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Africa, EU to Meet After Rifts Over COVID Vaccines

FILE - A health worker prepares a Moderna COVID-19 vaccine dose during a mass vaccination drive in Nairobi, Kenya, Sep. 17, 2021.
FILE - A health worker prepares a Moderna COVID-19 vaccine dose during a mass vaccination drive in Nairobi, Kenya, Sep. 17, 2021.

The European Union and African Union are holding their once every-three-year summit this week, after a two-year delay due to the COVID-19 pandemic.

Leaders from the two continents will meet in Brussels to discuss, among other things, the reaction to the pandemic and helping Africa adapt to climate change.

African countries are not happy with the EU travel bans, vaccine distribution, and unwillingness to lift intellectual property rights on vaccines that can help the continent produce COVID vaccines.

Tobias Wellner is a senior analyst with Dragonfly Intelligence, a group that studies global security and political risks. He said the summit will focus on mending relations strained by the pandemic.

“African leaders were very upset about travel restrictions imposed by European states and we can expect that they will also speak out against the unequal distribution of COVID vaccines," Wellner said. "Overall, the summit is probably going to be much more about reconnecting after troubled pandemic times, rather than a large diplomatic leap forward.”

French President Emmanuel Macron told journalists his country and the EU will prioritize the relationship with Africa and establish a peace system that can build investments in African economies.

The EU is facing competition in Africa from China, which has backed huge infrastructure projects across the continent, and also from Russia which is challenging France's influence in central and western African countries.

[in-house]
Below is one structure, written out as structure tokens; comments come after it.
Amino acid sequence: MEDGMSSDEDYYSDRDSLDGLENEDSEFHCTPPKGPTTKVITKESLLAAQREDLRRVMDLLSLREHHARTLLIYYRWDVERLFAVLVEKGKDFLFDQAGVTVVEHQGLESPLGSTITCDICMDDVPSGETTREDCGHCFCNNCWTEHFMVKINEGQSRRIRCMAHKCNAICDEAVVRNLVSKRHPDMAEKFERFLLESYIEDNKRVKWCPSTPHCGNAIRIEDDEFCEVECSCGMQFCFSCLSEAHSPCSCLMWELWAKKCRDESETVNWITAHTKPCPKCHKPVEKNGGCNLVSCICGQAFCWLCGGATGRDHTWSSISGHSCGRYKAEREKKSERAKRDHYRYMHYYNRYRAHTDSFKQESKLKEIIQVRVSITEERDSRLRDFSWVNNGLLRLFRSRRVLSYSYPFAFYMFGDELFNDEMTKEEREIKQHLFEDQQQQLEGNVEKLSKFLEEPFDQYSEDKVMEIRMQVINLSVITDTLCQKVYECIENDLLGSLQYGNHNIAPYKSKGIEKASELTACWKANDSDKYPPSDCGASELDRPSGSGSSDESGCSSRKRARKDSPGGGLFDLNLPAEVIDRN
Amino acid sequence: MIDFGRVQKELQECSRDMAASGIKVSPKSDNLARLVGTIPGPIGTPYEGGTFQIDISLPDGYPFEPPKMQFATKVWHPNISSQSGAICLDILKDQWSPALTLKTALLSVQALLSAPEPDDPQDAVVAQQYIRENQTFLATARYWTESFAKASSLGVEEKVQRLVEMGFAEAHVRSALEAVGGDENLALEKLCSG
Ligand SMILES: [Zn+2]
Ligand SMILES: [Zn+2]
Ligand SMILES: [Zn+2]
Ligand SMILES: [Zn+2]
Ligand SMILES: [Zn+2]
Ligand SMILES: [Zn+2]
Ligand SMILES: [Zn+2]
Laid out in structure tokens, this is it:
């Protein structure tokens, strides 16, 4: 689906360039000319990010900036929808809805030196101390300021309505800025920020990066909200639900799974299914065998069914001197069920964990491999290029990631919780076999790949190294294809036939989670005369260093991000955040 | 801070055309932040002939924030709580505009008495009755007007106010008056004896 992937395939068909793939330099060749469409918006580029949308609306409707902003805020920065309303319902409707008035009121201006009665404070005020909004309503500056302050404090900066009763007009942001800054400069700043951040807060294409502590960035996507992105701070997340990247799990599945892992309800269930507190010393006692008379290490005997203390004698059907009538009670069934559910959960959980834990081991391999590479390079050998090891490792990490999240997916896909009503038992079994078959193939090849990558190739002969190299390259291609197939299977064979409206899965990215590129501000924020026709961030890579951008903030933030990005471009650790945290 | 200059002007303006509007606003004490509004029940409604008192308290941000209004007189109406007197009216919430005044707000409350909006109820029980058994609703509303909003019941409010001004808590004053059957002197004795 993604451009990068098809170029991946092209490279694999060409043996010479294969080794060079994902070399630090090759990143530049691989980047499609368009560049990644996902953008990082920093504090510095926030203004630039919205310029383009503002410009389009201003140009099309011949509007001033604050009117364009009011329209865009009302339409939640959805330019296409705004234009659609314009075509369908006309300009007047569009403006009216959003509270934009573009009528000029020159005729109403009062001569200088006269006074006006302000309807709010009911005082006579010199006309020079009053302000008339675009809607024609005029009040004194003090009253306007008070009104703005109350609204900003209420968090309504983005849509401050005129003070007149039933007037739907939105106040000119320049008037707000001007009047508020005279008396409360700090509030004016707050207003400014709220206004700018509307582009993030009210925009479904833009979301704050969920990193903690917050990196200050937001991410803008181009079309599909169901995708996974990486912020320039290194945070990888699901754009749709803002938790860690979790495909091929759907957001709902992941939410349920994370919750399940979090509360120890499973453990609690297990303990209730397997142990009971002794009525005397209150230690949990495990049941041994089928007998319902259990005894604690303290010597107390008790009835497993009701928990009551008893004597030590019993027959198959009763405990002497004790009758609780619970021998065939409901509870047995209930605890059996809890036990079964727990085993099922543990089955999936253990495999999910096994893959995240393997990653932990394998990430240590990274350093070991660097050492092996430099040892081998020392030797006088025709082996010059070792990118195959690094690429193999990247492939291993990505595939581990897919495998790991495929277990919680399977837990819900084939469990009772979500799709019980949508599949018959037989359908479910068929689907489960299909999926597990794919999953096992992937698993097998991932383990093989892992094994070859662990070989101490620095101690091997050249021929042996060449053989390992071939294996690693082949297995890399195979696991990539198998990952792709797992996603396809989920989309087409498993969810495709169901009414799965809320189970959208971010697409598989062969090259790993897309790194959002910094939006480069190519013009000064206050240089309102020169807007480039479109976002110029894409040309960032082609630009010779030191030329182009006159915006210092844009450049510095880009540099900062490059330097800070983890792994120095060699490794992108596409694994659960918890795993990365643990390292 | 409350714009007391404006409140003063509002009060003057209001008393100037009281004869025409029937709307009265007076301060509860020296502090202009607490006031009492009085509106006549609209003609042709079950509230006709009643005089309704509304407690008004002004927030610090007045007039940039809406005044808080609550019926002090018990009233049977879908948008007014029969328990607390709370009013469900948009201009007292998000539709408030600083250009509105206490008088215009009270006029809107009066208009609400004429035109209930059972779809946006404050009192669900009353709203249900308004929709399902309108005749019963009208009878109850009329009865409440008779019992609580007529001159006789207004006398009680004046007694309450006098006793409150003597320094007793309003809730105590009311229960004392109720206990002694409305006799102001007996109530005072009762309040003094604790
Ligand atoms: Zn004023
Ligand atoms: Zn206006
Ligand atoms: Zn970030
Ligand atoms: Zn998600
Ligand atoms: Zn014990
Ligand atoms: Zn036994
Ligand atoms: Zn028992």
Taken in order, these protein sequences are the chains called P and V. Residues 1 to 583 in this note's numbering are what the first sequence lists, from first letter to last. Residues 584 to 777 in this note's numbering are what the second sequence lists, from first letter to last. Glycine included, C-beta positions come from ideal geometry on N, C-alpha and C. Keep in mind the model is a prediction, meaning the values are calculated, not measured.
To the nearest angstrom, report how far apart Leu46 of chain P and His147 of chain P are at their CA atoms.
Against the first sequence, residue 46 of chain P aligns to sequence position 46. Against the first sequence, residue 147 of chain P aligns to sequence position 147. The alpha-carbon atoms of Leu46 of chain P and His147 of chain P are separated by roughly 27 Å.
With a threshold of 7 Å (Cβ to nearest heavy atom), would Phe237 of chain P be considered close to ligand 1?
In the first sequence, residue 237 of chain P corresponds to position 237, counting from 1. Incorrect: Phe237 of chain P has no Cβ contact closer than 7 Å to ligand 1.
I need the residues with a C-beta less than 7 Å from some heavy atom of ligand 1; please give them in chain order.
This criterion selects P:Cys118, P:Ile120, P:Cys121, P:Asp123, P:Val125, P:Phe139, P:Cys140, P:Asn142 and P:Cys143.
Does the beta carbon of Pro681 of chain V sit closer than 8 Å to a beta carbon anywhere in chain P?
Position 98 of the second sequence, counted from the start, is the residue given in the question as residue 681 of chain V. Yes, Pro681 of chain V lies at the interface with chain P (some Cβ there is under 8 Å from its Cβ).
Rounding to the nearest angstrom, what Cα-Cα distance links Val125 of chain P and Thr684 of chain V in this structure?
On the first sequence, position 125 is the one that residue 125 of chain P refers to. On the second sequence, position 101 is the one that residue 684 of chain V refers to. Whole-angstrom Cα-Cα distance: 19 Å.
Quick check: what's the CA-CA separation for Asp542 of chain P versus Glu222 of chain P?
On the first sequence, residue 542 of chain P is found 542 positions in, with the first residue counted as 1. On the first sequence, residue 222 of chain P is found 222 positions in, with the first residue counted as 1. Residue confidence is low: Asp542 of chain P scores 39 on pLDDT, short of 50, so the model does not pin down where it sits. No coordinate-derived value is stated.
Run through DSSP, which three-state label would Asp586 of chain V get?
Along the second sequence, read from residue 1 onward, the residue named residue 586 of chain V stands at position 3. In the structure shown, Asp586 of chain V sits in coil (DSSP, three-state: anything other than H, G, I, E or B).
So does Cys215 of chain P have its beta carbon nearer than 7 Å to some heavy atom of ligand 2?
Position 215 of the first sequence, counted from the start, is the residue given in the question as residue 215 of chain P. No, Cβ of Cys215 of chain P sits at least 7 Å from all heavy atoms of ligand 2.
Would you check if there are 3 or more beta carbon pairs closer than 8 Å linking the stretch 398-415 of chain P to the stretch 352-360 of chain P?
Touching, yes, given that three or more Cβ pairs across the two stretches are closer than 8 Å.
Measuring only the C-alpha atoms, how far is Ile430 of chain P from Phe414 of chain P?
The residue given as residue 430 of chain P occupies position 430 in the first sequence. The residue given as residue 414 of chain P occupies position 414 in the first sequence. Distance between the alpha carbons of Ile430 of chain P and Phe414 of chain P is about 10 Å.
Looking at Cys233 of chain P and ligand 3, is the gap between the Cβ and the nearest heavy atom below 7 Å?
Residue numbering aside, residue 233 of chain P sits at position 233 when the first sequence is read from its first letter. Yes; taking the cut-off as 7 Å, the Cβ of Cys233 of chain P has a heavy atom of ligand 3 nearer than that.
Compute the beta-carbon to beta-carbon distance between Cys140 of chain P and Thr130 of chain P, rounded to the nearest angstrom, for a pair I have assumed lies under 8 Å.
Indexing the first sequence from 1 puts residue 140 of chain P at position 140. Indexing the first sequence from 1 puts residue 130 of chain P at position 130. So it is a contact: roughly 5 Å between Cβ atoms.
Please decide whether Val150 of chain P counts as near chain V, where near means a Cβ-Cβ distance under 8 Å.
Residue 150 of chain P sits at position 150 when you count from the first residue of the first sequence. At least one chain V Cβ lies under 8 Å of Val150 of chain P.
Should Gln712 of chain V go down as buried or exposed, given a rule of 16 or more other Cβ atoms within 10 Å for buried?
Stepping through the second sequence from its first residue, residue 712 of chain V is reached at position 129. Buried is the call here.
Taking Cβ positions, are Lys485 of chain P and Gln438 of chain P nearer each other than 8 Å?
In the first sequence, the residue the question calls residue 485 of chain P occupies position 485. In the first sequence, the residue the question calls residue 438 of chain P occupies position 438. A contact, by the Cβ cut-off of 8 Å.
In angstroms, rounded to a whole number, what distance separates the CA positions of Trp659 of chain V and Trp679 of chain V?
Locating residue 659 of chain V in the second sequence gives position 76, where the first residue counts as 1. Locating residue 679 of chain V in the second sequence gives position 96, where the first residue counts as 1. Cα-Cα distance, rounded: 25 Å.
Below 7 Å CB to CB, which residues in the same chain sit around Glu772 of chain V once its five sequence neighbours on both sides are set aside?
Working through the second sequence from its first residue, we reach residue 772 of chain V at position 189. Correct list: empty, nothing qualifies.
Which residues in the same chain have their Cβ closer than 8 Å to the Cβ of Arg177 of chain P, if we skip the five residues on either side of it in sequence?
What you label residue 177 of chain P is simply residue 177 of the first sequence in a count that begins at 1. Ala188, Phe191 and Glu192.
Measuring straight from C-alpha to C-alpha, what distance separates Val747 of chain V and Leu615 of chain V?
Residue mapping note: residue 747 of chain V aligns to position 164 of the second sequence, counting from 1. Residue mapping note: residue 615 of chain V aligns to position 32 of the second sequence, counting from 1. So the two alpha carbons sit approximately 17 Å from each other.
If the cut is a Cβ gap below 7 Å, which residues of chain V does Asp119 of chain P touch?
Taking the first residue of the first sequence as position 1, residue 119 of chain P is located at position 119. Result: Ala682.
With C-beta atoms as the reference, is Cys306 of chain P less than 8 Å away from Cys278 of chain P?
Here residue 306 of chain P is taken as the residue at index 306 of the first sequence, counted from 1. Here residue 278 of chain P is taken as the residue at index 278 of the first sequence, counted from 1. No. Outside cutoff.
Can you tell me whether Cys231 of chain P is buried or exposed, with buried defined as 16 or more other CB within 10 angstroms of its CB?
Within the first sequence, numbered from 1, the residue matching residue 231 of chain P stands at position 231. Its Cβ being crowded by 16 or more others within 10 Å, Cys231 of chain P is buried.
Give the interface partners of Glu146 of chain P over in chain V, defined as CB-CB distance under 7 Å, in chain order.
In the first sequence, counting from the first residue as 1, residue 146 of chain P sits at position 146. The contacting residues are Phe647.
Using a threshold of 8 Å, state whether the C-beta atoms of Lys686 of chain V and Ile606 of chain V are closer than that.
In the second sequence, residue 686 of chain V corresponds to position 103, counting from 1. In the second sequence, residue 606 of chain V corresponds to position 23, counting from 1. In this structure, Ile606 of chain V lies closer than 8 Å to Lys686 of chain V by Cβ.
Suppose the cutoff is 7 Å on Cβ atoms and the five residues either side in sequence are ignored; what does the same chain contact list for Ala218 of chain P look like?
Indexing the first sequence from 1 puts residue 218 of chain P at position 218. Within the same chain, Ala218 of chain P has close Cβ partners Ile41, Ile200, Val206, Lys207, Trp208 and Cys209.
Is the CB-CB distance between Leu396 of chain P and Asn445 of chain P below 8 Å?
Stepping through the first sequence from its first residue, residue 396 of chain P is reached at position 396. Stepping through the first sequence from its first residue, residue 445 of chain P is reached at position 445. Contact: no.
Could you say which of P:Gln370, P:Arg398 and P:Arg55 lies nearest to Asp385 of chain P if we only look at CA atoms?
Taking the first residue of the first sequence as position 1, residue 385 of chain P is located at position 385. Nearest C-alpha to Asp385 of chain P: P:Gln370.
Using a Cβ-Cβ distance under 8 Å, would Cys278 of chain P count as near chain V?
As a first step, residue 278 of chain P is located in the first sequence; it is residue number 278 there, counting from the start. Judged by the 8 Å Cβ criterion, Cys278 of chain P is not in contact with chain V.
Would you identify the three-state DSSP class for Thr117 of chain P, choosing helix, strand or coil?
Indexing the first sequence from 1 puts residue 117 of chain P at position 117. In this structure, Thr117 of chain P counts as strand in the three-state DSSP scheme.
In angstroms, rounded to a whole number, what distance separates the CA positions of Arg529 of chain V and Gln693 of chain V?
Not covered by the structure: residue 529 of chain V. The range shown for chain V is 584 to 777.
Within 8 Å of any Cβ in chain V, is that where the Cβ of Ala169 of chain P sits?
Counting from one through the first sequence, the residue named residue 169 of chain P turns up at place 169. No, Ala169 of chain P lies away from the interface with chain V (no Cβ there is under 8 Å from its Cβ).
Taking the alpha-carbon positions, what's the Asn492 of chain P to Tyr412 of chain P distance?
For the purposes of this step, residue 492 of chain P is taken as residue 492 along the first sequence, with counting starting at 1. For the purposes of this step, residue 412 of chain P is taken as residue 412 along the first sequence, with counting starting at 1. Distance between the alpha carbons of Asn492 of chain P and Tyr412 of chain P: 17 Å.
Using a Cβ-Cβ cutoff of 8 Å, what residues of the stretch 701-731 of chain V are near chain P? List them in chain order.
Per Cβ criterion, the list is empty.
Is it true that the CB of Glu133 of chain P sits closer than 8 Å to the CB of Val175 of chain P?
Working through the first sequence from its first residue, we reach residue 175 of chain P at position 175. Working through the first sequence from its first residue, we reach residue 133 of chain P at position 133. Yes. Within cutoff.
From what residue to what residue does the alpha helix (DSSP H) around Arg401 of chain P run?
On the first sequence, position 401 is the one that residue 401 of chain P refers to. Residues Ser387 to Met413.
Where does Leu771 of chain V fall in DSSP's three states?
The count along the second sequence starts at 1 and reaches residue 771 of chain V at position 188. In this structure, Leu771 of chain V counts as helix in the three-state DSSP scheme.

Wellner said the European Union cannot abandon its vision of seeing good governance and respect for people’s rights in Africa.

“The EU will likely continue conditioning economic and security support for African countries on its principles, democracy, human rights and the rule of law," Wellner said. "In this regard, the EU is probably going to continue acting more cautiously and differently from — for example — from China. There is unlikely to be a large change of politics at the summit. EU policy change takes a lot of time to change, because there are a lot of different positions within Europe that all need to be brought together. So the change, especially on the institutional levels, tends to be quite long.”

The two-day conference will also focus on concerns over how to mitigate the impact of climate change in Africa.

Wanjira Mathai, the vice-president and regional director at the World Resources Institute, says rich countries need to pay for adaptation programs.

“The biggest polluters, 80% of all global emissions, sit within the G20 and so those economies have to do the most to reduce their emissions," Mathai said. "The climate finance agenda there has been for many years. Africa is one of the climate-vulnerable regions but we also have others but the majority of countries that require finance to take care of the adaptation capacity that finance have not been forthcoming. We know there were $100 billion goals that were not met, so there is a very clear agenda to meet the shortfall of that $100 billion.”

Speaking at a webinar organized by the Europe Africa Foundation last month, Senegalese President Macky Sall said there was a need to develop a climate-friendly strategy and consider the level of development of African countries.